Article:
An Ounce of Prevention - Better Nutrition

An Ounce of Prevention

Steven Masley, MD, author of The 30-Day Heart Tune-Up, takes a holistic approach to keeping people well, rather than just treating them when they're sick

When you make an appointment with Steven Masley, MD, give yourself plenty of time. He typically spends an hour taking a full medical history, followed by an equally thorough nutrition evaluation-he's one of only a few MDs who's also a certified nutrition specialist (CNS) and a fellow of the American College of Nutrition.


Next, Masley performs a comprehensive fitness evaluation, complete with a treadmill test, along with all the requisite lab tests-plus many that your average doctor wouldn't think to order.

Masley practices what's known as functional medicine, which looks at systems, not symptoms. Functional medicine is concerned with how everything in the body communicates and works together, and how symptoms are often the result of a breakdown in that communication. Functional medicine practitioners consider such factors as nutrition, environmental influences, unsuspected food reactions, and the role of lifestyle and stress on ultimate health.

In other words, it's medicine as it should be practiced. "Western medicine looks at how to treat a symptom for a population," says Masley. "Functional medicine looks at how to optimize the health and function of each person."

Masley's new book, The 30-Day Heart Tune-Up: The Breakthrough Plan to Prevent and Reverse Heart Disease, tackles a question he first asked as a boy watching his father treat patients: "How do we prevent this stuff from happening in the first place?" His answer? A comprehensive five-part program.

1. Food. First, says Masley, make sure you're getting at least 30 grams of fiber per day. Then throw in "lean and clean" protein and lots of healthy fats. You don't have to avoid saturated fat, but you should steer clear of damaged fats-such as oils used over and over in restaurants-as well as too many pro-inflammatory omega-6s (found in most vegetable oils). And cut man-made trans fats from your diet.

2. Exercise. "You can't be healthy without exercising," Masley says. "If I know your fitness level, I have a good idea of the amount of plaque in your arteries." Masley is a fan of interval training. "The fitter you get, the more interval training you can do and the less time it will take."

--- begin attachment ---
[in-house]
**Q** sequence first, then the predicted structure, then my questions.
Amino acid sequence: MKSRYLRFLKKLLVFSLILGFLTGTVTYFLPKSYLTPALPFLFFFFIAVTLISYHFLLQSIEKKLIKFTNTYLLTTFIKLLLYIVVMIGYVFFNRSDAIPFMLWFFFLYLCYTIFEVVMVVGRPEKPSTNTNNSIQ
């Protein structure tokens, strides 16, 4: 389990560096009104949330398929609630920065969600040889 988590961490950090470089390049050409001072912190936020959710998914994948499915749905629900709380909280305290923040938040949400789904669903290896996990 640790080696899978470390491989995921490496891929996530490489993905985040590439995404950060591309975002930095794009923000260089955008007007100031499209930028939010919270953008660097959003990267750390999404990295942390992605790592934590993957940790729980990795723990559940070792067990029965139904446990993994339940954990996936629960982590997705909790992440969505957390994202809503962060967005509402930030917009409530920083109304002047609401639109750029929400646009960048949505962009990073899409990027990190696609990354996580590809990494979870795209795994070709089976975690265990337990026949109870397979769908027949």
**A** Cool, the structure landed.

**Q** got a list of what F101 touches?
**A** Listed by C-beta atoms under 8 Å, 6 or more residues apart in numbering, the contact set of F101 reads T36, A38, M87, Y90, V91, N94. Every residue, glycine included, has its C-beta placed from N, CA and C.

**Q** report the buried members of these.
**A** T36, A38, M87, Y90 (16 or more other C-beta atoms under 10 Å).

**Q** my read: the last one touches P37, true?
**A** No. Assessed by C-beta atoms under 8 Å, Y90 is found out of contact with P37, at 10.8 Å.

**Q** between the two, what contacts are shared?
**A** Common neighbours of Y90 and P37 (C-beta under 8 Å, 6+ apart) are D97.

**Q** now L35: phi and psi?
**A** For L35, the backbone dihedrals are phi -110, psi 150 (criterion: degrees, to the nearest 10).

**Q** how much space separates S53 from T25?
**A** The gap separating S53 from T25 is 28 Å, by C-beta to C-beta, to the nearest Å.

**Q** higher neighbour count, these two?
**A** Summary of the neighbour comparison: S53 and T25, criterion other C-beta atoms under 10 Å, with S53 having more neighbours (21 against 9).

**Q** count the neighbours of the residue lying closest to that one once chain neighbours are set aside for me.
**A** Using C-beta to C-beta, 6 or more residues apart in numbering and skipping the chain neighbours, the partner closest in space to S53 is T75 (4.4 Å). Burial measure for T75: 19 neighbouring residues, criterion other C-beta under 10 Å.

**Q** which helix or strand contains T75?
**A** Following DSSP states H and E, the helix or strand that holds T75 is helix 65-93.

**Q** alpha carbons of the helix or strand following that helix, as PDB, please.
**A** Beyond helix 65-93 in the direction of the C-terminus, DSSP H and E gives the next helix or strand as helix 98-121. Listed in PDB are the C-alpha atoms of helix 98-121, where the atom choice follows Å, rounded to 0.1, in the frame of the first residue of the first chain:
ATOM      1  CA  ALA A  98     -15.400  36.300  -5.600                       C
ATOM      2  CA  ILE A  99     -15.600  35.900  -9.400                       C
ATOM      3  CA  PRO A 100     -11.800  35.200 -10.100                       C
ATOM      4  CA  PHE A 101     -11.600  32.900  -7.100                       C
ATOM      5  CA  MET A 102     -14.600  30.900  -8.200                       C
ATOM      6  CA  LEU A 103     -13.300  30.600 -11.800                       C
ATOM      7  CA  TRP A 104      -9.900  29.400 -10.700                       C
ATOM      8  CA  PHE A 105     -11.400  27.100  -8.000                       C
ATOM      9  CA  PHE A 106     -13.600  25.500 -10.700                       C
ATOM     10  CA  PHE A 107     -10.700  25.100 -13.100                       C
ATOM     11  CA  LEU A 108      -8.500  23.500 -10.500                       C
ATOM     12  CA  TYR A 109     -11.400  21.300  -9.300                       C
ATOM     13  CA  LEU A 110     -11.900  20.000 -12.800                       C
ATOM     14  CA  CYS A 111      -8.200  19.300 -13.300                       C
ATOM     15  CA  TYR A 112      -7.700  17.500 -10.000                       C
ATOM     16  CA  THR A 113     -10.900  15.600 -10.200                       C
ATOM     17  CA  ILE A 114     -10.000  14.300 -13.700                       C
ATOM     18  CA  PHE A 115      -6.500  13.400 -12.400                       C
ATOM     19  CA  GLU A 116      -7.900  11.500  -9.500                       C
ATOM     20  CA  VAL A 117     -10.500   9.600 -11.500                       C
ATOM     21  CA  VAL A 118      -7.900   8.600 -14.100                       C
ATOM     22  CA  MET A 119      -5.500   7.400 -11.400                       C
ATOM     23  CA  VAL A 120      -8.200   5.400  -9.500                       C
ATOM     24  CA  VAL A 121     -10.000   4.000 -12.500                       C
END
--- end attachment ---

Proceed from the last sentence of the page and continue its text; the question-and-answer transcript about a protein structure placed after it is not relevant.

3. Heart healthy supplements. Masley recommends fish oil and vitamin D ("a significant predictor of plaque"), magnesium, vitamin K, and coenzyme Q10.

4. Managing stress. "Get enough sleep, go for a workout, do some meditation, or look at the Heart Math program."

5. Fabulous flavors. "If it doesn't taste good, people won't eat it," says Masley. He encourages the liberal use of antioxidant and anti-inflammatory spices such as chili powder, curry, garlic, and ginger.

If you can't visit Masley in his Florida clinic, The 30-Day Heart Tune-Up is the next best thing. His program is "holistic" in the very best sense-it deals with every aspect of the whole person, all of which profoundly impact overall health.

"Functional medicine looks at how to optimize the health and function of each person."

Jonny Bowden, PhD, CNS, is a nationally known health, nutrition, and weight-loss expert. He is the author of The Great Cholesterol Myth and numerous other books. His website is




Nutritional Detective

While tracking down the causes of her son's symptoms, Dr. Susanne Bennett-author of The 7-Day Allergy Makeover-discovered a whole new prescription for healthy living. Download Dr. Bennett's Allergy/Sensitivity Symptom Checklist.


Ancient Answers

When the conventional wisdom didn't work, Robb Wolf, author of The Paleo Solution, found healing for his health issues in the eating habits of our ancestors. Robb Wolf was the son of perpetually sick parents, both of whom suffered numerous health problems.